Can Jane Austen + steampunk spark girls' science fire?

Jordan Stratford wants to write a fun historical novel for kids that will give girls like his 9-year-old daughter strong role models in science and tech. He's turned to the Internet for help.

Mary and Ada, steampunk detectives. Claire Robertson

"This is my daughter, who just turned 9. She's amazing, and I want her to grow up to be a mad scientist and to take over the world."

So begins writer Jordan Stratford's Kickstarter pitch video for "Wollstonecraft," the first of what he hopes will be a series of steampunky, historical novels for kids and young adults that will "inspire a generation of girls about imagination and science."

Writer Jordan Stratford's 9-year-old daughter, the future mad scientist. Jordan Stratford

Stratford says he wants to give young girls like his daughter "actual historical role models that show them that math and science and imagination are incredible tools that can shape their world." And he's chosen as his two heroines Mary Shelley, of "Frankenstein" fame -- the world's first science fiction writer, he calls her -- and Ada Byron, whom some regard as the world's first computer programmer.

Stratford imagines these two in their girlhood and has them form the Wollstonecraft detective agency, named after Mary's mother, the celebrated feminist writer Mary Wollstonecraft. Their sleuthy adventures bring them into contact with other real people from the past, among them Charles Babbage, originator of the Babbage Difference Engine , a Victorian-era precursor to the computer, and Michael Faraday, discoverer of the magnetic field.

"If Jane Austen wrote about zeppelins and brass goggles, this would be the book," says Stratford, who offers up credentials that include producing, along with his wife, the first-ever Canadian steampunk convention and showing up in publications like "The Steampunk Bible."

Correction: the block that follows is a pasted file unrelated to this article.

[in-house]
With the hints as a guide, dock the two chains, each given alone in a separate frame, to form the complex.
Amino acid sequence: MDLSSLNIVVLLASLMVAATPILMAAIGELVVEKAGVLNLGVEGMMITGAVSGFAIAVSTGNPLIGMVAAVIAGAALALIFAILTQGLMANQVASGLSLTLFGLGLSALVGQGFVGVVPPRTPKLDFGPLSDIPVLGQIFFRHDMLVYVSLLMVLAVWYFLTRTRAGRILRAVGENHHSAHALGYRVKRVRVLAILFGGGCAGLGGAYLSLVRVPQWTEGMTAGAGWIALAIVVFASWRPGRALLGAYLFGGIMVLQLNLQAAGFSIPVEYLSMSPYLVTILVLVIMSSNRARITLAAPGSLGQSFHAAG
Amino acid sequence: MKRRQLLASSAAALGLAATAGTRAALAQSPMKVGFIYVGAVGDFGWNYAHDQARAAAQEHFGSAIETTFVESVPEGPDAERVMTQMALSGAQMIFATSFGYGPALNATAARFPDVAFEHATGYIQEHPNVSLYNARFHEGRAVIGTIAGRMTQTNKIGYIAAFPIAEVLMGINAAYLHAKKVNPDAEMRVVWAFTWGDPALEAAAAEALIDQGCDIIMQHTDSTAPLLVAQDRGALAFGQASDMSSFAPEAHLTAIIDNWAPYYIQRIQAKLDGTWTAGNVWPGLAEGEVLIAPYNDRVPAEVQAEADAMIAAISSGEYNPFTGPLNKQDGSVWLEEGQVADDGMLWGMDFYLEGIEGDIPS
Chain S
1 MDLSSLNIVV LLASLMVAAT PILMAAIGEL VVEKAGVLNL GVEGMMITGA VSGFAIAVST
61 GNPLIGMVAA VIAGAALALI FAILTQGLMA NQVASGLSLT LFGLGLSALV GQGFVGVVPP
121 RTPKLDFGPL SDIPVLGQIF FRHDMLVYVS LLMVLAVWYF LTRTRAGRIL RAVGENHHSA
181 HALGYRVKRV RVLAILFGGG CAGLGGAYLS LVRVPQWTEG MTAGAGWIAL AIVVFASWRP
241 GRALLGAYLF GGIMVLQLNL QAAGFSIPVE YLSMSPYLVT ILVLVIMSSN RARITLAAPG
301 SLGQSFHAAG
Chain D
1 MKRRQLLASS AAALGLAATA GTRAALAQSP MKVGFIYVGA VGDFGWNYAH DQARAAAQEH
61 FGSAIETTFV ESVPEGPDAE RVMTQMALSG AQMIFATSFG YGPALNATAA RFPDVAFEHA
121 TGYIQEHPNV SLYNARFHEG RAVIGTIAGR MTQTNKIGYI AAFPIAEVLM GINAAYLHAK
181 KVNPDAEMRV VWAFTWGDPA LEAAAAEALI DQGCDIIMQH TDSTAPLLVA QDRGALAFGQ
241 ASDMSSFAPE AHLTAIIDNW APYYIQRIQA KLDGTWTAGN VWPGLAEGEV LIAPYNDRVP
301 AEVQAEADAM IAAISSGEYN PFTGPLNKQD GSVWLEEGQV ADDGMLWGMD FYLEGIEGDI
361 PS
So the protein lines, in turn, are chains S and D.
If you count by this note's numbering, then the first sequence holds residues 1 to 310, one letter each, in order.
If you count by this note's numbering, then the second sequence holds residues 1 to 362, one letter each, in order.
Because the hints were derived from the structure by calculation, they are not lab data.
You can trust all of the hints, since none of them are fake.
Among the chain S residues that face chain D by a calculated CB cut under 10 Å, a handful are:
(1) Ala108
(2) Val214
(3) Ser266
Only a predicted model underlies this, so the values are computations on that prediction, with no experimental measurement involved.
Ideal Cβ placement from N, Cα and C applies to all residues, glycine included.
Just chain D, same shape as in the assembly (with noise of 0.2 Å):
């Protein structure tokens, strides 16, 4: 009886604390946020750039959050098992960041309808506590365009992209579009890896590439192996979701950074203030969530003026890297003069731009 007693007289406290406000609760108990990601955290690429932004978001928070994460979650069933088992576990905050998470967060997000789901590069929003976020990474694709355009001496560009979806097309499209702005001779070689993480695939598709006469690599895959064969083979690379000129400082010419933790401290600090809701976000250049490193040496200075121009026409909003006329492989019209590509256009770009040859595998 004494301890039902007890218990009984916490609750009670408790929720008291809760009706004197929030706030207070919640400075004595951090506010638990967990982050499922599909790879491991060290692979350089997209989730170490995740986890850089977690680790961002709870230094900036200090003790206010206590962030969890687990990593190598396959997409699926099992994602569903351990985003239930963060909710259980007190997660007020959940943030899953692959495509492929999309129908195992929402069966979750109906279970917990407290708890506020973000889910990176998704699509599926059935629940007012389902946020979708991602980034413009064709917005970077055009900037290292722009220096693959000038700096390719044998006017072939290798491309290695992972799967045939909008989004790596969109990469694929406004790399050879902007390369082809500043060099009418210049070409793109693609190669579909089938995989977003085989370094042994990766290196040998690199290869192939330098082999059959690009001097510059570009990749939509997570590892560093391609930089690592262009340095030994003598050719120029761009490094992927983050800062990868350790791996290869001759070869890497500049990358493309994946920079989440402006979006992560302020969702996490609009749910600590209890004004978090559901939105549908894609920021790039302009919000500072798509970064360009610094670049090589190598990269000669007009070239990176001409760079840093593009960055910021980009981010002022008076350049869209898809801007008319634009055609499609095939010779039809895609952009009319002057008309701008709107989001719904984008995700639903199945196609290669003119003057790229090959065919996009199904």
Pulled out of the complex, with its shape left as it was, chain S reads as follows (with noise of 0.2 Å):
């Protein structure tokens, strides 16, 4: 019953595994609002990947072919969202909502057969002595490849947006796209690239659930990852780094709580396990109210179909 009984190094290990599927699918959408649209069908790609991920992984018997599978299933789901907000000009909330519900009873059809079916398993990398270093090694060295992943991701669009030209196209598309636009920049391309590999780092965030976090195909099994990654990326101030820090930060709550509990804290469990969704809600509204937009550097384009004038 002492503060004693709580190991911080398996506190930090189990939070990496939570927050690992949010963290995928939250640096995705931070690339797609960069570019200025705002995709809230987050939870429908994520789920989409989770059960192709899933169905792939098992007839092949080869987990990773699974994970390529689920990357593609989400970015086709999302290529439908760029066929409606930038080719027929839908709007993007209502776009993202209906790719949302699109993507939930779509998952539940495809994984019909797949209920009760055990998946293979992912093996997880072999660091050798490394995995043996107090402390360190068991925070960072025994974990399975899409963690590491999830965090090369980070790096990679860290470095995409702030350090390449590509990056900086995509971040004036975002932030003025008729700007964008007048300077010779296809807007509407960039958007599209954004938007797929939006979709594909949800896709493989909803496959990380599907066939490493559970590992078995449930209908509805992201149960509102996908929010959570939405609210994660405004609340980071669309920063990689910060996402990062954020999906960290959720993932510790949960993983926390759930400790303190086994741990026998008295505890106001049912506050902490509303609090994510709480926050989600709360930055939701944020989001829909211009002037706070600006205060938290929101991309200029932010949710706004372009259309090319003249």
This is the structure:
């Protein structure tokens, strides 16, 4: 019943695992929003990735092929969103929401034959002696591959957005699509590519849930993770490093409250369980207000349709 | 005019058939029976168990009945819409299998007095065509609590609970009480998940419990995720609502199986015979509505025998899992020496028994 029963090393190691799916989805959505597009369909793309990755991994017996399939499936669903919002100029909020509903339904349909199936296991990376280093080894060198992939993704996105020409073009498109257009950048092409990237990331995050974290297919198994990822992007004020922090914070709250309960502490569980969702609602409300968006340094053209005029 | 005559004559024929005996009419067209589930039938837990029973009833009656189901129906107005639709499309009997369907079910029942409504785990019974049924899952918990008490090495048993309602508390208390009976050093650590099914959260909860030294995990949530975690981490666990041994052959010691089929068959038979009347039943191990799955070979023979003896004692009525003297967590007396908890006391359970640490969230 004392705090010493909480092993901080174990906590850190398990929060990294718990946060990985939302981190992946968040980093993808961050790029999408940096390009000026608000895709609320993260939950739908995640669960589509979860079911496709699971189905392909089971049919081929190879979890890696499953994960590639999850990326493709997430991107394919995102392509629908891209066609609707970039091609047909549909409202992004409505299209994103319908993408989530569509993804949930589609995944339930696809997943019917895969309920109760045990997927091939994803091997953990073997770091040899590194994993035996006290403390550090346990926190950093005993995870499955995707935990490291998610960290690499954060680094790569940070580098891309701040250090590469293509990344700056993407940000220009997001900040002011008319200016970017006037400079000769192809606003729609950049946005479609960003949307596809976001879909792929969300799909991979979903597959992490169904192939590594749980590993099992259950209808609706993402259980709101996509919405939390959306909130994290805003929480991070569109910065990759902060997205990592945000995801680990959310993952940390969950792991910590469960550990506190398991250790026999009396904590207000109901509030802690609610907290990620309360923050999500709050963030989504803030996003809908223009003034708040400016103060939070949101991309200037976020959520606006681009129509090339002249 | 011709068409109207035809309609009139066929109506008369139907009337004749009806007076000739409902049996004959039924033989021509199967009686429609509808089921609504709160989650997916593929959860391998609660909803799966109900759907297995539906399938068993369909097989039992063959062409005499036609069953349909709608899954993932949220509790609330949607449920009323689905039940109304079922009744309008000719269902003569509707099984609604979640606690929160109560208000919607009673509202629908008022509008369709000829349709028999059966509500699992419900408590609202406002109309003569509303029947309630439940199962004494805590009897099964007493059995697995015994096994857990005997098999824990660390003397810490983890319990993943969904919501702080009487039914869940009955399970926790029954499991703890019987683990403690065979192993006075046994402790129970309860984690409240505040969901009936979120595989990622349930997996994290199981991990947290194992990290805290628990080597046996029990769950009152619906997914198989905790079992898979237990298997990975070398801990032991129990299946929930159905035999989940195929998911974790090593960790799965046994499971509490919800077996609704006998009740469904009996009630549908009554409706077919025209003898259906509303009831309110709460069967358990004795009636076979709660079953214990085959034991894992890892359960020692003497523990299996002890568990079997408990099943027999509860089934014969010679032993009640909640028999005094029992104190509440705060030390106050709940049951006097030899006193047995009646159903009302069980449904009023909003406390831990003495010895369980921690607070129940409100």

With the viral video "Caine's Arcade," we've already had a striking example this week of how the Internet community can throw its support behind creative and promising kids , and Stratford's Kickstarter effort is another instance of this.

Stratford's already raised more than $23,000 in excess of his $4,000 goal. But if the books are to be a series, he may well need a lot more to pay the editor, illustrator, designer, publicist, and others that he's slated to receive funds.

As for his goal of providing girls with inspiration in the realm of science and technology, it's long been argued that women are underrepresented in these fields. "Women now receive only one in four sub-baccalaureate awards in STEM [science, technology, engineering, and mathematics] fields, down from one in three in 1997," says a recent piece in The Huffington Post. And CNET commentator Ben Parr wrote recently about what he calls the male-dominated tech industry .

You can check out Stratford's Kickstarter pitch video below, and read more about the project on its Kickstarter page.

 

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